Sep 30, 2014

Blind Tasting Party Kit - A DIY Wedding Gift Tutorial and Free Printable


I've been a little quiet on the blog front recently, mostly because I have just fit three trips and two weddings into the last two months. Any trip with a toddler is tiring, and three in a row was, well, also tiring. Not to mention my hubby made a same day turnaround from the last trip to fly to NZ for work (poor thing). He says he is working hard, but I much prefer to picture him pretending to be Frodo in the middle of the most beautiful scenery I have ever seen. So, meanwhile back here in CA, I'm a bit travel weary and distracting myself from missing my husband with a lot of Project Runway, crafting, party planning, and blogging. Which brings me to this little project I made as a wedding gift from the first of the two weddings this month. Right on the shores of Lake Tahoe on a spectacularly clear day, it was likely the most beautiful wedding I have ever attended.

I went back and forth on what to purchase the newlyweds. With my inclination to handmade and personal gifts, I sometimes find solely purchasing from the registry a bit boring. Don't get me wrong, I always get something from the registry. The couple has spent a long time picking out exactly what they want to start their home together, I figure I should pay attention. However, exclusively buying off the registry can feel a bit impersonal. I have started doing two things to add a little personality: picking a theme and adding a little DIY goodie to accompany the gift. For example, say the couple registers for a glass pitcher, I would then add my favorite hand lemon/lime juicer, and my favorite recipes for sangria and margaritas. It doesn't have to be elaborate, but just the little extra touch makes it feel a bit more special.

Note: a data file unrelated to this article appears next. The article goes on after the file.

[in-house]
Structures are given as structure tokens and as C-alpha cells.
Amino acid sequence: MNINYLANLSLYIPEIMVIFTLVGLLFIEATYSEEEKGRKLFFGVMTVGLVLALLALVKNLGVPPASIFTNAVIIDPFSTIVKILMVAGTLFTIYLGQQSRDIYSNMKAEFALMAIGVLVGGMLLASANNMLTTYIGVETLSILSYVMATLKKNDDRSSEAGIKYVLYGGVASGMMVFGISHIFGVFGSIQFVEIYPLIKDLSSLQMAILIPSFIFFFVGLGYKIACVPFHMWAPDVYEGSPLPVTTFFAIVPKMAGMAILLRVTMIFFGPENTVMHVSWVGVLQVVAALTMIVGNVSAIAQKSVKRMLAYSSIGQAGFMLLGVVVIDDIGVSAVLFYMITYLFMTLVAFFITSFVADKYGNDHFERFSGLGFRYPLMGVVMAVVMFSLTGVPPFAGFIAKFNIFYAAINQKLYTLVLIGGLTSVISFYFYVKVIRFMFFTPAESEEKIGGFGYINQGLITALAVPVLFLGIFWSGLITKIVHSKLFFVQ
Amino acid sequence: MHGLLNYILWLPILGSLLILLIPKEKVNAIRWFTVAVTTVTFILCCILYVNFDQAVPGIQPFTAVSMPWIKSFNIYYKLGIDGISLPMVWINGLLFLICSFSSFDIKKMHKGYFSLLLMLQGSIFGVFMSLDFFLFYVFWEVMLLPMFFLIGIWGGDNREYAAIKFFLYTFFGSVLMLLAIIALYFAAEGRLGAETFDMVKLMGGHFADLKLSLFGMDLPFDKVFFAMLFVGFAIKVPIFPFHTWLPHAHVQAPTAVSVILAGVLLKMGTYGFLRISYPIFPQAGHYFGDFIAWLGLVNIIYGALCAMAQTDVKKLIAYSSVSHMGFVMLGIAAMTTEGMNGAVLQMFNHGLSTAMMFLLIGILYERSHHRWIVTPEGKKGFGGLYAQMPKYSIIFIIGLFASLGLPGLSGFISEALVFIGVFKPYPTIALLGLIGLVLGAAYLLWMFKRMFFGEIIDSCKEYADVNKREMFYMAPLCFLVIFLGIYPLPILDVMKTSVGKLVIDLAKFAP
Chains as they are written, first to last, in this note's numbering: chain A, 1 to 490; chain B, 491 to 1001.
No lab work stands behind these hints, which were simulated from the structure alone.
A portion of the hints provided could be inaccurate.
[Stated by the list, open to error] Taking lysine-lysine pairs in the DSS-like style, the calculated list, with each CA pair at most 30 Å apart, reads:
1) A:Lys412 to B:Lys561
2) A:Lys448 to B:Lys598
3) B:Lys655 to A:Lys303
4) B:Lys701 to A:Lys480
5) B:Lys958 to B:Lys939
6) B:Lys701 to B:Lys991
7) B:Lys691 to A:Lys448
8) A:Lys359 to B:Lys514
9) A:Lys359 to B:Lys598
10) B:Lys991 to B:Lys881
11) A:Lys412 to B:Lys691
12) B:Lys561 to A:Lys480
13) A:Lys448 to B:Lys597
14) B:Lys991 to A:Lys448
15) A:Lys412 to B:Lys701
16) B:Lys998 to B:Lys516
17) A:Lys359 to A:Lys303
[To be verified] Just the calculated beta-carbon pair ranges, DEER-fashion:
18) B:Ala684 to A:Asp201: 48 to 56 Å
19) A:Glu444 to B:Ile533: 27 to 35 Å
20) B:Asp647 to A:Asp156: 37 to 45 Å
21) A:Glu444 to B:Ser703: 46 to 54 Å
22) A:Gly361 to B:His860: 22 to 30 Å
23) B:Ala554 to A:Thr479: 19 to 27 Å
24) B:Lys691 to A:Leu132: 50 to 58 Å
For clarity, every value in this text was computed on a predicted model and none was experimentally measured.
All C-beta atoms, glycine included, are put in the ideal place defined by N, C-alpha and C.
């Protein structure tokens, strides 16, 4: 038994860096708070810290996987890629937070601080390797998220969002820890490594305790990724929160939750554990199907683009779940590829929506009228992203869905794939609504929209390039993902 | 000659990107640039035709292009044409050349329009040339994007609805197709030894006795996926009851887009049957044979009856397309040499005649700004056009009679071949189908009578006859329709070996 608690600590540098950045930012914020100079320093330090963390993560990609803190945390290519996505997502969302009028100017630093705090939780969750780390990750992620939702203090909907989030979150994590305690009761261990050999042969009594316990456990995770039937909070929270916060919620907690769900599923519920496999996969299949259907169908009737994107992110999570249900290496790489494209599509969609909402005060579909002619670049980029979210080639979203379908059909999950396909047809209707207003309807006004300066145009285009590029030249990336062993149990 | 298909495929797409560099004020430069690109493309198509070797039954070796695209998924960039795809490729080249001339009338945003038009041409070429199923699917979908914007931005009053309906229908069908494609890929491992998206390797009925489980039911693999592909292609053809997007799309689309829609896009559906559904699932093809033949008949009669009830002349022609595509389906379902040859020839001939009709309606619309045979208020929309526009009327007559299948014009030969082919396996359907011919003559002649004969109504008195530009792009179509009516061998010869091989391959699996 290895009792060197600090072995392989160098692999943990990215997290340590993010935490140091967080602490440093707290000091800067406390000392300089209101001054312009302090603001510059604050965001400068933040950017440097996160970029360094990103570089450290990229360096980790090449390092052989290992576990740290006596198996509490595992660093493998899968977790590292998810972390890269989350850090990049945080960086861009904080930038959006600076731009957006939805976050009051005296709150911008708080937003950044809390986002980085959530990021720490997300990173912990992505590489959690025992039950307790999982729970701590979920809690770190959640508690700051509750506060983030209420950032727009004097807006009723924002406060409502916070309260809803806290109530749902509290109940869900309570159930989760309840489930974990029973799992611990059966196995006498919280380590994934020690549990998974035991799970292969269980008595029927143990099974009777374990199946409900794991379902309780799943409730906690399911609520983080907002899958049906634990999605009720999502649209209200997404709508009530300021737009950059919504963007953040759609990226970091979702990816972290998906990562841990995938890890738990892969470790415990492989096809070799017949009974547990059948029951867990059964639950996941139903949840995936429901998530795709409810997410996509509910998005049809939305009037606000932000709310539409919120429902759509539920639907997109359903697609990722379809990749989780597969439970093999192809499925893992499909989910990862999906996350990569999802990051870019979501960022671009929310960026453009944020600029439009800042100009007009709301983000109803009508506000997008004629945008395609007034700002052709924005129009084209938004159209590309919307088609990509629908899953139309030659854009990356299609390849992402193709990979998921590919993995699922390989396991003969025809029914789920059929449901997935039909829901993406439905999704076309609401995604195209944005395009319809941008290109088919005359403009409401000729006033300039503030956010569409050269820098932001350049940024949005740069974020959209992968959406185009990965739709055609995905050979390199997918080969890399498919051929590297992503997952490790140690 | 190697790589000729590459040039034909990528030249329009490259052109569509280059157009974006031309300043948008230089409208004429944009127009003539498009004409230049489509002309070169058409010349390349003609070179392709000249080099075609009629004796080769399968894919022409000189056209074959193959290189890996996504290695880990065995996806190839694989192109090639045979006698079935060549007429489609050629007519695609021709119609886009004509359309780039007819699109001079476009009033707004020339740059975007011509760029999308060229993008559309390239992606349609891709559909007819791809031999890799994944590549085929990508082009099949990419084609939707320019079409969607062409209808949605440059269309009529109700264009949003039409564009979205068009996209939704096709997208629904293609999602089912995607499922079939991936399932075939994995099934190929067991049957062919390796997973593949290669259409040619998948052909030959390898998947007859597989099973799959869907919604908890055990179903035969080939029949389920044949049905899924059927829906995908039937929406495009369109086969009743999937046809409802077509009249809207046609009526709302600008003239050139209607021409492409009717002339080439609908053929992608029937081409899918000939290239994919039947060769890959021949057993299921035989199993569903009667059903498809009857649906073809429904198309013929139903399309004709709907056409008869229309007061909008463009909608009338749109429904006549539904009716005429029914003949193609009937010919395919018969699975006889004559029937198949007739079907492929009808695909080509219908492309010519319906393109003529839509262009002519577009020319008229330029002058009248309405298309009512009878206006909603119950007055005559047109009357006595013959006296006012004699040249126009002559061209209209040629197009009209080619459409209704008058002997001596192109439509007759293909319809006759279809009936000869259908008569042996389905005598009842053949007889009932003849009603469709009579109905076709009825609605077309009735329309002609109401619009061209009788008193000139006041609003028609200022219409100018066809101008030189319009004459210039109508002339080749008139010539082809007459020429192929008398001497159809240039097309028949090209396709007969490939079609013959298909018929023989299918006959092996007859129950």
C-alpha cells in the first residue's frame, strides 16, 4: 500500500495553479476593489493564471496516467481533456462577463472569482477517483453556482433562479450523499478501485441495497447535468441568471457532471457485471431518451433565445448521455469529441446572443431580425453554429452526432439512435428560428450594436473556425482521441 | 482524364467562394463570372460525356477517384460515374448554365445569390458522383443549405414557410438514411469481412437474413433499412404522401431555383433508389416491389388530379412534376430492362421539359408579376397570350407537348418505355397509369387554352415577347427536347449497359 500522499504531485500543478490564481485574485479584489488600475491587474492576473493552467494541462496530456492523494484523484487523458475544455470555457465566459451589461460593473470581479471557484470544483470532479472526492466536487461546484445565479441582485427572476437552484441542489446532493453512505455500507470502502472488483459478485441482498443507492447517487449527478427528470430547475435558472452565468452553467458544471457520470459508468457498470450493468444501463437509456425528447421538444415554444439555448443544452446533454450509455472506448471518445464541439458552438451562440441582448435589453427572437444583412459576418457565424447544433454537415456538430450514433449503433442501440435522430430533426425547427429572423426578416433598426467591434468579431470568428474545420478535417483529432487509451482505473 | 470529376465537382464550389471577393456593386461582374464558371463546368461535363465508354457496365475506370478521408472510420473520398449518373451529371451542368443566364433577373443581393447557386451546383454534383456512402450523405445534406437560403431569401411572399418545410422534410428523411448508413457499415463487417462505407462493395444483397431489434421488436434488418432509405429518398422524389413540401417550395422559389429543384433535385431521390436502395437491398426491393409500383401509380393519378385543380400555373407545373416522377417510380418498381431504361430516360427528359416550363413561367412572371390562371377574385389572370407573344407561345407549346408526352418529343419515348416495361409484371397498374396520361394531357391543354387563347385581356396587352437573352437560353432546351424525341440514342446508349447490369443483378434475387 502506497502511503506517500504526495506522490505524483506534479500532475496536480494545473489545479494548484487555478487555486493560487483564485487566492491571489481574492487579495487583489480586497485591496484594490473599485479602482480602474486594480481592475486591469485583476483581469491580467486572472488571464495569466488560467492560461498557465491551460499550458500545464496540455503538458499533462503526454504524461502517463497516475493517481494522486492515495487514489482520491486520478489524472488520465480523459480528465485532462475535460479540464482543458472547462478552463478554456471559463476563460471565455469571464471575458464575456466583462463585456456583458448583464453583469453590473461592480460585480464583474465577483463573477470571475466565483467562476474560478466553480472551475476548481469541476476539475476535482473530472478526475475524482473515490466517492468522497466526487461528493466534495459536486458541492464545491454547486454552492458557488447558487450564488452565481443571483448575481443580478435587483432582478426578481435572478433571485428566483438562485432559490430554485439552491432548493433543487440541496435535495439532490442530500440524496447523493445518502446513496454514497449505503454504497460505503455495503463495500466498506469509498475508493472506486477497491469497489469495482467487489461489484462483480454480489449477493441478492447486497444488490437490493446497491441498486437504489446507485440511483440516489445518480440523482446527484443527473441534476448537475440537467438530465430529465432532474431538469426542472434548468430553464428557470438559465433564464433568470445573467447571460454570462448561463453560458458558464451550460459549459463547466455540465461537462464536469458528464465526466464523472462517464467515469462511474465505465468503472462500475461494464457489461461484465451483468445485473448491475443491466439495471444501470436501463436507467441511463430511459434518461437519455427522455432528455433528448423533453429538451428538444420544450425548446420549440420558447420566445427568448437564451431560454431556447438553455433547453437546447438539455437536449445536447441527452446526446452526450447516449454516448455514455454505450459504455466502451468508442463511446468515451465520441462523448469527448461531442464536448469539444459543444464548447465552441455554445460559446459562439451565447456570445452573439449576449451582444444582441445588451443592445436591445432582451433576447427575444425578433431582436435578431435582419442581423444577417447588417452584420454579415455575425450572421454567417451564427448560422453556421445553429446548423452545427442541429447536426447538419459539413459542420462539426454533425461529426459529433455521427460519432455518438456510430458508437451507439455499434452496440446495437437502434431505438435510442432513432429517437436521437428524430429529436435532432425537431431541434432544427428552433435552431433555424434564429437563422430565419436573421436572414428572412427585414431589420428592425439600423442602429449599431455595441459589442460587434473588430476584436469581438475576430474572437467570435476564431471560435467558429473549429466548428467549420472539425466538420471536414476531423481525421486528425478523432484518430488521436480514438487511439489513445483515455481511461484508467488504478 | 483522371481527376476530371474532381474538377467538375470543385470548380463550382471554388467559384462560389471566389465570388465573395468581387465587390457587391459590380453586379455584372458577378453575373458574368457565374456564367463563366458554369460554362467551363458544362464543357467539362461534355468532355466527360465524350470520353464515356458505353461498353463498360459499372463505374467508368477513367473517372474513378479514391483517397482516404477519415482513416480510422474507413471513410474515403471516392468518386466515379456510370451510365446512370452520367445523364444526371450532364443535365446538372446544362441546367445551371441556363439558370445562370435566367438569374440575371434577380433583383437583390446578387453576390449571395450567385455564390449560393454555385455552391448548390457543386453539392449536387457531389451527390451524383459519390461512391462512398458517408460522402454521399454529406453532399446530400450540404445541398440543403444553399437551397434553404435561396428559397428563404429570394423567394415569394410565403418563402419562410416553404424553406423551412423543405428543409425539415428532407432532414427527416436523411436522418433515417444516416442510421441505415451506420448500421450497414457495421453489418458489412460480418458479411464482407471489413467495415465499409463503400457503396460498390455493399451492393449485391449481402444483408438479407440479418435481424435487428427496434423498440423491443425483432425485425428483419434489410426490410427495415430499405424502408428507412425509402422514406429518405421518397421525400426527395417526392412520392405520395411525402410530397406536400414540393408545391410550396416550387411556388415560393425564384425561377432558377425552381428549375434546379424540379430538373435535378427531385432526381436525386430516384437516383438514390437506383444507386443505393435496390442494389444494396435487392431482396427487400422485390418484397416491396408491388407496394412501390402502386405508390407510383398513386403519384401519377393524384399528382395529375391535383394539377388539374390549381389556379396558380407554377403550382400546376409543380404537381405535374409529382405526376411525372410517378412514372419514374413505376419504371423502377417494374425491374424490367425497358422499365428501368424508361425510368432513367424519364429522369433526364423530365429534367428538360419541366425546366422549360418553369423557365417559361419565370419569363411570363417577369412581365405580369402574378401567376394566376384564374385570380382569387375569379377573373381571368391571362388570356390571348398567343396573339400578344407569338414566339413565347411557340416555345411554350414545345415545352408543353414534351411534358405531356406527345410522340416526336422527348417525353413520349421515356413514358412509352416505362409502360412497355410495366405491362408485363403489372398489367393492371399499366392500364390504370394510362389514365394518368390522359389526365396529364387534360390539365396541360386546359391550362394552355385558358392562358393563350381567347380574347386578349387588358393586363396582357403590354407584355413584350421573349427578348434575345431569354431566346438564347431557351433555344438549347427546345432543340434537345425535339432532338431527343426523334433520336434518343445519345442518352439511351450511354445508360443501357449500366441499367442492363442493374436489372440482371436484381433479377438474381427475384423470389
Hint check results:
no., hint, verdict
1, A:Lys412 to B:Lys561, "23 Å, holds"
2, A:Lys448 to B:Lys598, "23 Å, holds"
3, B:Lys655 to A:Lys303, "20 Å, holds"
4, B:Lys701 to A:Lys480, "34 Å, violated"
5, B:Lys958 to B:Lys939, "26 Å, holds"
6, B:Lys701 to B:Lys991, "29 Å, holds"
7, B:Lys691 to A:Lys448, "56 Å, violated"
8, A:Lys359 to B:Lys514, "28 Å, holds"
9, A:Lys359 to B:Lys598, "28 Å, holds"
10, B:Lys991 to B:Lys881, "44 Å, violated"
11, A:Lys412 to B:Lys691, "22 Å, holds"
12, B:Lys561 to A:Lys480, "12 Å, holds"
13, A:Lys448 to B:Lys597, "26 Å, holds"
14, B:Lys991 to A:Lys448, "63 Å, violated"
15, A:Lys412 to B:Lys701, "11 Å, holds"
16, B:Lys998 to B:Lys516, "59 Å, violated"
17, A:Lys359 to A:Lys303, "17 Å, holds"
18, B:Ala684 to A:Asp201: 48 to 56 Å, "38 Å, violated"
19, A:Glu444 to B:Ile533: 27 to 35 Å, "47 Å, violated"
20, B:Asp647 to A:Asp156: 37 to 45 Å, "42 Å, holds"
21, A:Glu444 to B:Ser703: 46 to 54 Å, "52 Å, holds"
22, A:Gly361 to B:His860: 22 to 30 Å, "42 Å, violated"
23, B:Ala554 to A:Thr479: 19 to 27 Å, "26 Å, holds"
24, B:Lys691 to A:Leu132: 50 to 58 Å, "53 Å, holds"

For this recent wedding we purchased the couple a lovely big slate cheese board from the registry. And what do I pair with cheese? Wine, obviously. But instead of buying a bottle of wine, I stole an idea from a party my sister-in-law threw a few years ago and created a Blind Tasting Party Kit. (If you are unfamiliar, the idea behind a blind tasting party is for the guests to taste 4 unmarked bottles of the same type of wine or champagne and rank them according to price.) This gift kit is not exclusively for weddings, but I particularly love the idea for such an occasion as it is intended to get the couple excited about hosting a party as newlyweds.


As with any handmade gift, my goal was to keep it classy and modern (not 'crafty'). And what says classy more than a wine bottle in a suit and bow tie? To complete the styling, and true to my current obsession, I also detailed the cards and tags with a modern calligraphy. And as a little gift for you, I have included files of all the calligraphy used in this project if you want to use the same look! Check it out here.

Blind Tasting Party Kit Contents:

4 Wine/Champagne Bottle 'Suits'
4 Bottle Bow Ties
4 Wine Bottle Tags (A-D)
Guest Cards

Instructions


Materials to Make Your Own Kit:

Fabric: 4 (9"x31") rectangles for the 'suits', 4 (4"x4.5") rectangles for the bow ties, 4 (2.5" x 1.5") strips for the bow tie centers
4 Hair Elastics
Thread
Sewing Machine
Scissors
Iron
Cardstock Paper
Printer or Calligraphy Pen and Ink
Ribbon
Gift Box

Wine/Champagne Bottle 'Suits'

Cut four 9" x 31" rectangles out of the fabric for the wine bottle 'suits'. I used a subtle black and gray pinstripe I found on a big sale at Joann's. It even had an awesome lighter gray on the wrong side of the fabric which turned out perfect for a contrasting bow tie. Fold each rectangle in half so that you have four 9" x 15.5" pieces. The fold line will become the bottom of each bottle bag.